Month one

Your uterus: 10 amaz­ing facts

Your Pregnancy - - Contents -


The in­crease in size, weight and vol­ume of the uterus dur­ing preg­nancy is phe­nom­e­nal. It grows from non-preg­nant to preg­nant at term like this: Size: 7.5cm x 5cm x 2.5cm to 30cm x 23cm x 20cm Weight: 50g-60g to 900g-1 000g Vol­ume: 6ml-5 000ml (hold­ing ca­pac­ity of the cav­ity)


The uter­ine mus­cle is the only mus­cle in the body that can con­tract and re­tract. This means that dur­ing a con­trac­tion, when the mus­cle short­ens, it won’t lengthen to the same de­gree once the con­trac­tion has passed. This will con­tinue un­til the mus­cle has “bunched up” at the top of the uterus. Once there, it gath­ers its strength to con­tract and ex­pel the baby.


The walls of the uterus are made up of two dis­tinct tis­sue lay­ers and a third cov­er­ing layer. All three lay­ers are suited to main­tain­ing preg­nancy and then ac­com­plish­ing labour and birth.


Within five days your amaz­ing uterus has made a rapid re­cov­ery and is back where it started, at the be­gin­ning of your preg­nancy. By day 14 it’s the same size as it was be­fore you fell preg­nant. The rest of your body takes a lit­tle longer to re­cover, how­ever!


The uterus has an ex­tremely rich blood sup­ply in or­der to nour­ish the foe­tus dur­ing preg­nancy. Dur­ing late preg­nancy up to one litre of blood per minute passes through the uterus.


The nerve sup­ply to the uterus is com­plex and isn’t yet fully un­der­stood. The pain re­cep­tors re­spond loudly to a di­min­ished sup­ply of oxy­gen and to the sen­sa­tion of stretch­ing. As it’s nec­es­sary for the cervix to stretch in or­der to open, you’ll have to learn how to work with your body to ease the dis­com­fort dur­ing labour. As far as the oxy­gen sup­ply is con­cerned, you can un­der­stand why it’s so im­por­tant for you to breathe through your con­trac­tions, be it with your nat­u­ral breath­ing, or pat­terned breath­ing tech­niques.


Brax­ton-Hicks con­trac­tions are mild and ir­reg­u­lar, but although they re­main pain­less, they grad­u­ally in­crease in fre­quency and in­ten­sity as the preg­nancy nears term. The uter­ine mus­cle tight­ens for about 30 to 60 sec­onds and then re­laxes. Th­ese con­trac­tions fa­cil­i­tate blood and oxy­gen to the placenta and the grow­ing baby. Af­ter 30 weeks they start to in­crease in in­ten­sity and are now thought to be brought about by the in­crease in the level of prostaglandins, and the fact that the uter­ine mus­cle be­comes in­creas­ingly sen­si­tive to oxy­tocin as labour ap­proaches. Th­ese con­trac­tions pre­pare the uterus for labour.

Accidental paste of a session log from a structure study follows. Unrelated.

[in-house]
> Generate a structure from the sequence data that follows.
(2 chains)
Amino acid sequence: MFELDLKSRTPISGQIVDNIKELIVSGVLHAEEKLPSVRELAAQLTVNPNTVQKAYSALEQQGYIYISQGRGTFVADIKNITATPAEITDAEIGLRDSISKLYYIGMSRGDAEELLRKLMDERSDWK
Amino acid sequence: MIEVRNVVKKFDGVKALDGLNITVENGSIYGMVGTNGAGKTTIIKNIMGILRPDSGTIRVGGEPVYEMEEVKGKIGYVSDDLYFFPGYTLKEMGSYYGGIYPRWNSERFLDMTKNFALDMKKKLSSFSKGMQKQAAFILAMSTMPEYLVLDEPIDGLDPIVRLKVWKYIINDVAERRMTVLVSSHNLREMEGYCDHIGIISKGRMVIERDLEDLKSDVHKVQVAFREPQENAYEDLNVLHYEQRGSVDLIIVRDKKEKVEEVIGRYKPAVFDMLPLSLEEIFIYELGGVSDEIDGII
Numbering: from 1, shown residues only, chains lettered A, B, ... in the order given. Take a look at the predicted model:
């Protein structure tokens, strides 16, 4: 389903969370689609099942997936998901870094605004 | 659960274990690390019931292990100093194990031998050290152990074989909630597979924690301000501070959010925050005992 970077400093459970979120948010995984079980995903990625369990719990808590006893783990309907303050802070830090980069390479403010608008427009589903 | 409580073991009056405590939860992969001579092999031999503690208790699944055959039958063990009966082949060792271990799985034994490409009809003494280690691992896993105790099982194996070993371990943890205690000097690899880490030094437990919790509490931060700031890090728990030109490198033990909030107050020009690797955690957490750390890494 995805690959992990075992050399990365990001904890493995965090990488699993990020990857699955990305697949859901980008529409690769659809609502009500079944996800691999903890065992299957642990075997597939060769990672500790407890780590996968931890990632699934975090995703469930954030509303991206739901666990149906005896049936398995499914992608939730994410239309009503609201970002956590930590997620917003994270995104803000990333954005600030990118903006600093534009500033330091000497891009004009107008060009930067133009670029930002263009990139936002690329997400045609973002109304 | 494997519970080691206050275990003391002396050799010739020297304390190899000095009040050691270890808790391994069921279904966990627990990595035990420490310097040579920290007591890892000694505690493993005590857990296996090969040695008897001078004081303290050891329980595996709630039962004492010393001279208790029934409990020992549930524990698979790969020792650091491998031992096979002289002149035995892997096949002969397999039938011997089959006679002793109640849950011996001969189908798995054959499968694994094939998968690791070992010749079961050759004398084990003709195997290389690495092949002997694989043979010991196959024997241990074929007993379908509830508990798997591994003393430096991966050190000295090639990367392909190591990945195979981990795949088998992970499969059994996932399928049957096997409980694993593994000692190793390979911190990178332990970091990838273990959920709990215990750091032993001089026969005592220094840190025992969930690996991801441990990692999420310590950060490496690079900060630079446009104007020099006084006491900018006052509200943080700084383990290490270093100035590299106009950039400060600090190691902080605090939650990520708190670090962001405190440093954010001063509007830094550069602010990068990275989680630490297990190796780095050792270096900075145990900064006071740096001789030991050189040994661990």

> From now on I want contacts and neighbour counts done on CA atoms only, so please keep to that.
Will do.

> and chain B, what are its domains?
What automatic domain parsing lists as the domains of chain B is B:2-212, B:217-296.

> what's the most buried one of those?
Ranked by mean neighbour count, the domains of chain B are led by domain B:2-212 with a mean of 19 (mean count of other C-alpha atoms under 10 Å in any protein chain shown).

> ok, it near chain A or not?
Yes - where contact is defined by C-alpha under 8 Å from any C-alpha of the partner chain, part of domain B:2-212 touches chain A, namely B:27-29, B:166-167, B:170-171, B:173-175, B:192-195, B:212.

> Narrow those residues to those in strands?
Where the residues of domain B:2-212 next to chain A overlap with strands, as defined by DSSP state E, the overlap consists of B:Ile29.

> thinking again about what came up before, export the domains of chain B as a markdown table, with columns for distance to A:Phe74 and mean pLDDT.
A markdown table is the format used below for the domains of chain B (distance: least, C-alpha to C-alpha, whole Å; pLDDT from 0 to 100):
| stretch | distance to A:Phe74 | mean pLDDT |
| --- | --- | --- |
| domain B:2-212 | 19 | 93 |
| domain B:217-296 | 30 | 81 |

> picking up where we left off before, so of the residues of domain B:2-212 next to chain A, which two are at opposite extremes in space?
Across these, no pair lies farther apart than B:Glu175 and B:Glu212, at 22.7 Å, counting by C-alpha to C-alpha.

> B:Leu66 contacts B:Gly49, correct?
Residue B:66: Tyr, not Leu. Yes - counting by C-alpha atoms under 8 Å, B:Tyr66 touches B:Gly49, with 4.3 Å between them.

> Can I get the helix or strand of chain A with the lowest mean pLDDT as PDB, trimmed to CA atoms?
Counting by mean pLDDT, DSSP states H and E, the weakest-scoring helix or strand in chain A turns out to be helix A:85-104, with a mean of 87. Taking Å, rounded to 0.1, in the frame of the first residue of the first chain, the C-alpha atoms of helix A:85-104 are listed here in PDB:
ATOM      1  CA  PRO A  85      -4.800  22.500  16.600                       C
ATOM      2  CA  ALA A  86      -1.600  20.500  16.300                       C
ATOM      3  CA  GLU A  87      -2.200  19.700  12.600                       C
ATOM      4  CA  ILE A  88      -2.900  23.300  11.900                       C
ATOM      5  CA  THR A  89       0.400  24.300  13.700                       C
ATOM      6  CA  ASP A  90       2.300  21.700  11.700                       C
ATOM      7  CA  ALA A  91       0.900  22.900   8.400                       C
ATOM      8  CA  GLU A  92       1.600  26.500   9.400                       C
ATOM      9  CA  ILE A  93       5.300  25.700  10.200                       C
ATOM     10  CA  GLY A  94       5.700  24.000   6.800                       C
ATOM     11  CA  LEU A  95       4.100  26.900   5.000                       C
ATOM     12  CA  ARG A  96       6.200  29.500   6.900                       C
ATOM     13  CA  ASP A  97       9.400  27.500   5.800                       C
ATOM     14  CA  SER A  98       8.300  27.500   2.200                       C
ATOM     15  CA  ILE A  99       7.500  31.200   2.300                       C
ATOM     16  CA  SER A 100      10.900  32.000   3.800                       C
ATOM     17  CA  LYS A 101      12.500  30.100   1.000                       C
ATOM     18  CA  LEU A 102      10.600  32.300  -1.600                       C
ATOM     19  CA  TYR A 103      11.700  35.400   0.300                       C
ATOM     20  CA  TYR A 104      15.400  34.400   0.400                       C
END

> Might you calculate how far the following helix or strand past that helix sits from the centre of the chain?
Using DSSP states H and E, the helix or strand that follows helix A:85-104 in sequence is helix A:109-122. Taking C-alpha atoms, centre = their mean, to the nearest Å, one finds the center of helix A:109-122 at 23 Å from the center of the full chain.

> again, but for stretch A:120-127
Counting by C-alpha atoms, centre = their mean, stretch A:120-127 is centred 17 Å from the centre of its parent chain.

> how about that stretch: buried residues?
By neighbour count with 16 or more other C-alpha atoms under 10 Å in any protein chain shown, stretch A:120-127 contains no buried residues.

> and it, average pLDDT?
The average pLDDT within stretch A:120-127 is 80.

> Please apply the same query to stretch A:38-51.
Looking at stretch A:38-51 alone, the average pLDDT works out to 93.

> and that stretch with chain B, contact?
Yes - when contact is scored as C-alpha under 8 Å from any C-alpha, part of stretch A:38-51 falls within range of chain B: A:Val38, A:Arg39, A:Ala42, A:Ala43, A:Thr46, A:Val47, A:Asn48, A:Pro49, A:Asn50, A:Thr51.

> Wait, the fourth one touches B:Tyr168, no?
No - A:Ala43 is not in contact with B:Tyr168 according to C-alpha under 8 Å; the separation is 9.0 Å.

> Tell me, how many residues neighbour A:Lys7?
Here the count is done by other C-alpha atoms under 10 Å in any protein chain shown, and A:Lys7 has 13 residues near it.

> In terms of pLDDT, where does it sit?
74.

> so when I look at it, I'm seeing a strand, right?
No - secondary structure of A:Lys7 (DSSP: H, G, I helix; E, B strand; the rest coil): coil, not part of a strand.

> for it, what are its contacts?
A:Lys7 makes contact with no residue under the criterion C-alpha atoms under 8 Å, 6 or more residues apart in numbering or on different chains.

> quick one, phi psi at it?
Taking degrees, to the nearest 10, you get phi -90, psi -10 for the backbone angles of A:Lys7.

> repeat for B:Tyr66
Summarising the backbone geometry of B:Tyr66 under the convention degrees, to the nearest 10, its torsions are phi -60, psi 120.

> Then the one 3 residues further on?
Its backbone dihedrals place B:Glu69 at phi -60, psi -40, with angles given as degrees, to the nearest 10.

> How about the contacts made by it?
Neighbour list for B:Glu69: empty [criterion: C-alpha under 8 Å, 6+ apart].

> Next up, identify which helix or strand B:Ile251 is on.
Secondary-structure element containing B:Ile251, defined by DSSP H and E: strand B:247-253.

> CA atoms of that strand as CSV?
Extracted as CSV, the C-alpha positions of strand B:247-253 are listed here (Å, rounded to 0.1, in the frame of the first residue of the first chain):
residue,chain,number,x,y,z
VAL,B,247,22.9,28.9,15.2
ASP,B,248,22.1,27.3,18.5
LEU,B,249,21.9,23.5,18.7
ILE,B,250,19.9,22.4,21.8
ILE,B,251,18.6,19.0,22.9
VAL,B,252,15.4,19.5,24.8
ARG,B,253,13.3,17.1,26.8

Dur­ing the first stage of labour it’s the func­tion of the uterus to thin out and open up the cervix. Dur­ing the sec­ond stage of labour it ex­pels the baby, with vol­un­tary ef­fort from the mother. Dur­ing the third stage of labour, the uterus has to con­tract tightly to peel the placenta off its walls and to squeeze down firmly so the amount of blood lost from the pla­cen­tal wound site is very lit­tle. This is where the liv­ing lig­a­tures come into ef­fect. As the uterus con­tin­ues to con­tract and re­tract the many blood ves­sels are pinched and bleed­ing stops.


Ac­cord­ing to ob­ste­tri­cian and au­thor Dr Gor­don Bourne, it takes an av­er­age of 150 con­trac­tions to de­liver a first baby, 75 for a sec­ond or third child, 50 for a fourth or fifth and 30 to 40 for sub­se­quent chil­dren.


The uterus con­tracts pain­lessly all the way through preg­nancy, but th­ese con­trac­tions are usu­ally only felt by the mother dur­ing the sec­ond half of the preg­nancy.

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